Clare Connor concerned about the COVID-19 financial impact on women’s cricket globally
England’s Director of Women’s Cricket Clare Connor is concerned that female cricket could struggle internationally to attract enough funding owing to the financial impact of the COVID-19 pandemic on some cricket boards. “It’s worrying. Some boards will struggle over the next year, if they’re not already struggling,” Connor was quoted as saying to BBC Sport.
“It’s a concern. The worry is that other boards won’t be able to invest the same level of finance, focus and commitment that the England and Wales Cricket Board and one or two others are more easily able to do.” After the immense success of the T20 World Cup in Australia international cricket came to a halt with the global pandemic. Many tours and series were cancelled due to the lockdown and restrictions that were put in place by the authorities.
South Africa saw their home series against Australia in March and subsequent tour of West Indies getting cancelled before pulling out of the proposed series against England citing travel restrictions. India’s tour to England in late June was rescheduled and then they declined the invitation to travel to England for a proposed tri-series starting in late August.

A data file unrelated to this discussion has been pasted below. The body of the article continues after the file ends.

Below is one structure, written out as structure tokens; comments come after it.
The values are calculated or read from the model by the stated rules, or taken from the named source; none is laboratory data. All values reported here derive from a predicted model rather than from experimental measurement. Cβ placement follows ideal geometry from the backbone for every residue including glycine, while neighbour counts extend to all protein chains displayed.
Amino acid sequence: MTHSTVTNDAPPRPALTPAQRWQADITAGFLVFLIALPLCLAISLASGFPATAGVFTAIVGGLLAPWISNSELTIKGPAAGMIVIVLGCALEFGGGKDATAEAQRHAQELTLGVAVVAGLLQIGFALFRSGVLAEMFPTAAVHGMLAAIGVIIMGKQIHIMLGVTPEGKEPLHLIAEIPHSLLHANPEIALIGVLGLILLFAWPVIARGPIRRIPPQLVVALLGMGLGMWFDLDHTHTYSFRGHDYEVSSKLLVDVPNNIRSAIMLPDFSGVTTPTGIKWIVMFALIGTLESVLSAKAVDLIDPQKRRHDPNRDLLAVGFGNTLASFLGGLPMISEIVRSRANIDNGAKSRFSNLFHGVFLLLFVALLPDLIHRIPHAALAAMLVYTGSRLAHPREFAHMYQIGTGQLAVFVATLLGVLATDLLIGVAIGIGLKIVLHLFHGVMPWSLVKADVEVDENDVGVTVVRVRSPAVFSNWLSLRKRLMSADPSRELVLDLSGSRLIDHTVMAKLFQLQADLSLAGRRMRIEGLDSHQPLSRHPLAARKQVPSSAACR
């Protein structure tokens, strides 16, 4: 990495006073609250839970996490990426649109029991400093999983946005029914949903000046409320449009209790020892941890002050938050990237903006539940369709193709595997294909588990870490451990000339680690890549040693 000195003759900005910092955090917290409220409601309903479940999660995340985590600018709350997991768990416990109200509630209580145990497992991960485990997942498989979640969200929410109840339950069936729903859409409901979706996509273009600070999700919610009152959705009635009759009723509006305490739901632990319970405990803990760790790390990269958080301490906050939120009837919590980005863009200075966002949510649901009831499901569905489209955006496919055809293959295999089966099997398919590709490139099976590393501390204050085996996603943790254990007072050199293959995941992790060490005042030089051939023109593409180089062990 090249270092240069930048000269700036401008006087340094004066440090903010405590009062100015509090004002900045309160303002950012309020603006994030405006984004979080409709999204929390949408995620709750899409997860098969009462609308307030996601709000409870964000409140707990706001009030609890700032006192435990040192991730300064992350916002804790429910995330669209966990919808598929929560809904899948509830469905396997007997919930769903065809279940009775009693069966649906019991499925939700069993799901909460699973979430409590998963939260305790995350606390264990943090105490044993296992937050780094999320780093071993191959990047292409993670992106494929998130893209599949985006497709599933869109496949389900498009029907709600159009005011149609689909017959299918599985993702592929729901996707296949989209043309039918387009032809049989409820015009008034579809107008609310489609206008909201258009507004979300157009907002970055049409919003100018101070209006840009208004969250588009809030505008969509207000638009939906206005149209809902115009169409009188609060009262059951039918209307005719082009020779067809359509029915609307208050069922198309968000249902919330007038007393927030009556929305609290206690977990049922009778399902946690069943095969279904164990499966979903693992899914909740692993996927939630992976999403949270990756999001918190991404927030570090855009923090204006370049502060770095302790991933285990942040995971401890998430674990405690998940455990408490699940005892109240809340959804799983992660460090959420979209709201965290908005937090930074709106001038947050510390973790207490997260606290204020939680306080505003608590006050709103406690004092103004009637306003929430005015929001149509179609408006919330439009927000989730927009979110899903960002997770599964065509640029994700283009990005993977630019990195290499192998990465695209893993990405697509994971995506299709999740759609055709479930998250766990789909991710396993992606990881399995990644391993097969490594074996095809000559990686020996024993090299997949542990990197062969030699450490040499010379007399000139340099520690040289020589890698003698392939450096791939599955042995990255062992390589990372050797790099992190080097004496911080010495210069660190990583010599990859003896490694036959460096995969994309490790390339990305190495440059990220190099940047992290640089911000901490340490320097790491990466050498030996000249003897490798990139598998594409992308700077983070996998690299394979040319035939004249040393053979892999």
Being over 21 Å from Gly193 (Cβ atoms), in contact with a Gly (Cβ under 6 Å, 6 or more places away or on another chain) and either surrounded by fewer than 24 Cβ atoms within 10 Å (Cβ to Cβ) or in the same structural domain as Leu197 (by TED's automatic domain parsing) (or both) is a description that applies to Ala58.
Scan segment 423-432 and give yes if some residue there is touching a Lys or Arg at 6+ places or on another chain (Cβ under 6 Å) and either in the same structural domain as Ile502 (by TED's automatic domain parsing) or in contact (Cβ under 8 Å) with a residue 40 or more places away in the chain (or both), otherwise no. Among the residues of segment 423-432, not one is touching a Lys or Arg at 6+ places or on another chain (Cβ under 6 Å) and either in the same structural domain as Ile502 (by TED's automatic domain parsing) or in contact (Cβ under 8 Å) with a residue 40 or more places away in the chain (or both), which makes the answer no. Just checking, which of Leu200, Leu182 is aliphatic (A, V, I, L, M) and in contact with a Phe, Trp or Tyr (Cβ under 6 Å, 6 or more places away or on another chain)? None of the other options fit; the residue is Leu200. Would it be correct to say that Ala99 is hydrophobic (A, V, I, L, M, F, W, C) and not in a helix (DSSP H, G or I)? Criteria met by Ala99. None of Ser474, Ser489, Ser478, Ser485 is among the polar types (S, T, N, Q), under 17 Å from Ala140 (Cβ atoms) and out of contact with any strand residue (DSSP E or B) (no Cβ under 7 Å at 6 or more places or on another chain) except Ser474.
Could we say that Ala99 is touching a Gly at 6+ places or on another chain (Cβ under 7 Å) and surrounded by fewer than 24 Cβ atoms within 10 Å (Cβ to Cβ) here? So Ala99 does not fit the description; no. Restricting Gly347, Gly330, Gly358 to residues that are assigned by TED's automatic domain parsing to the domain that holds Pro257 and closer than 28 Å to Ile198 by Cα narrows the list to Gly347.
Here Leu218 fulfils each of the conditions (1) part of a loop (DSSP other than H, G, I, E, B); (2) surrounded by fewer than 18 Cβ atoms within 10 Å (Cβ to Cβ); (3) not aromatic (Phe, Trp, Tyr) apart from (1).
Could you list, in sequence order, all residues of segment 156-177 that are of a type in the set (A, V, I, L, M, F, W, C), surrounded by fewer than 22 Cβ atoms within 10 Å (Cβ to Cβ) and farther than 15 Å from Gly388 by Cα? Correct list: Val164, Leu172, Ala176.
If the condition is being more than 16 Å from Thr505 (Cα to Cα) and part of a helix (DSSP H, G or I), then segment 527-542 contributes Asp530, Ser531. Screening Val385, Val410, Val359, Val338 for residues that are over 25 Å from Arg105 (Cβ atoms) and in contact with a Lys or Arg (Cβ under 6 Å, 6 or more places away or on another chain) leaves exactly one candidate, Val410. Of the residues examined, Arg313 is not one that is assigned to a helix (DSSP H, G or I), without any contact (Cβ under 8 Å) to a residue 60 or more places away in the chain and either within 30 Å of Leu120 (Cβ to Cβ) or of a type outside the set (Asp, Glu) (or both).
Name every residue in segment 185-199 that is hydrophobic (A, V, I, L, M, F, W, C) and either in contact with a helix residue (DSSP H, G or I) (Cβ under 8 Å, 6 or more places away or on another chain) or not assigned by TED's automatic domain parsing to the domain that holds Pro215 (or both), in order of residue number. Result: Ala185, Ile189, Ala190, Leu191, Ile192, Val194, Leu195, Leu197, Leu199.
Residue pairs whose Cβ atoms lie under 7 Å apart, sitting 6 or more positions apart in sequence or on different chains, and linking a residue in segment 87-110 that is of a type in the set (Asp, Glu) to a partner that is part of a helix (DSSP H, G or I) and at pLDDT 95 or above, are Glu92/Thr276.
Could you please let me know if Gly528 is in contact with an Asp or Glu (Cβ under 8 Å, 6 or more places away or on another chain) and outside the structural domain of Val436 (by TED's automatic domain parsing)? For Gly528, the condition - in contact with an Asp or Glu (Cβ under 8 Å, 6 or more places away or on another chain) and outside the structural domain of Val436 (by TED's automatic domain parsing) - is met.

The International Cricket Council (ICC) made the decision to postpone the 50-over World Cup that was set to be played in 2021 February-March in New Zealand until next year over the concerns of teams not having the best of preparations coming into a global event.
Connor, former England captain, feels if international cricket isn’t regularly played over the few months, some of the teams will find to sustain financially and this could have an impact on the global game. “Unless we get international women’s cricket played regularly across 2021, we’re going to be facing the same concern going into 2022,” she said.
“The narrative was about women’s sport being disproportionately affected compared to men’s sport. That was really concerning, but it also fuelled me to make sure that wasn’t our reality.”
England returned to international cricket after a gap of more than six months in the ongoing five-match T20I series against West Indies which started on September 21. World T20 champions Australia is currently playing their trans-Tasman neighbours in a six-match series-including three T20Is and three ODIs.
“The appetite for international women’s cricket was that strong six months ago,” Connor added. “I’m sure it’ll come back… there’s a lot of water to go under the bridge until we get to that point, but I’m really pleased with what we’ve achieved in the past six months.”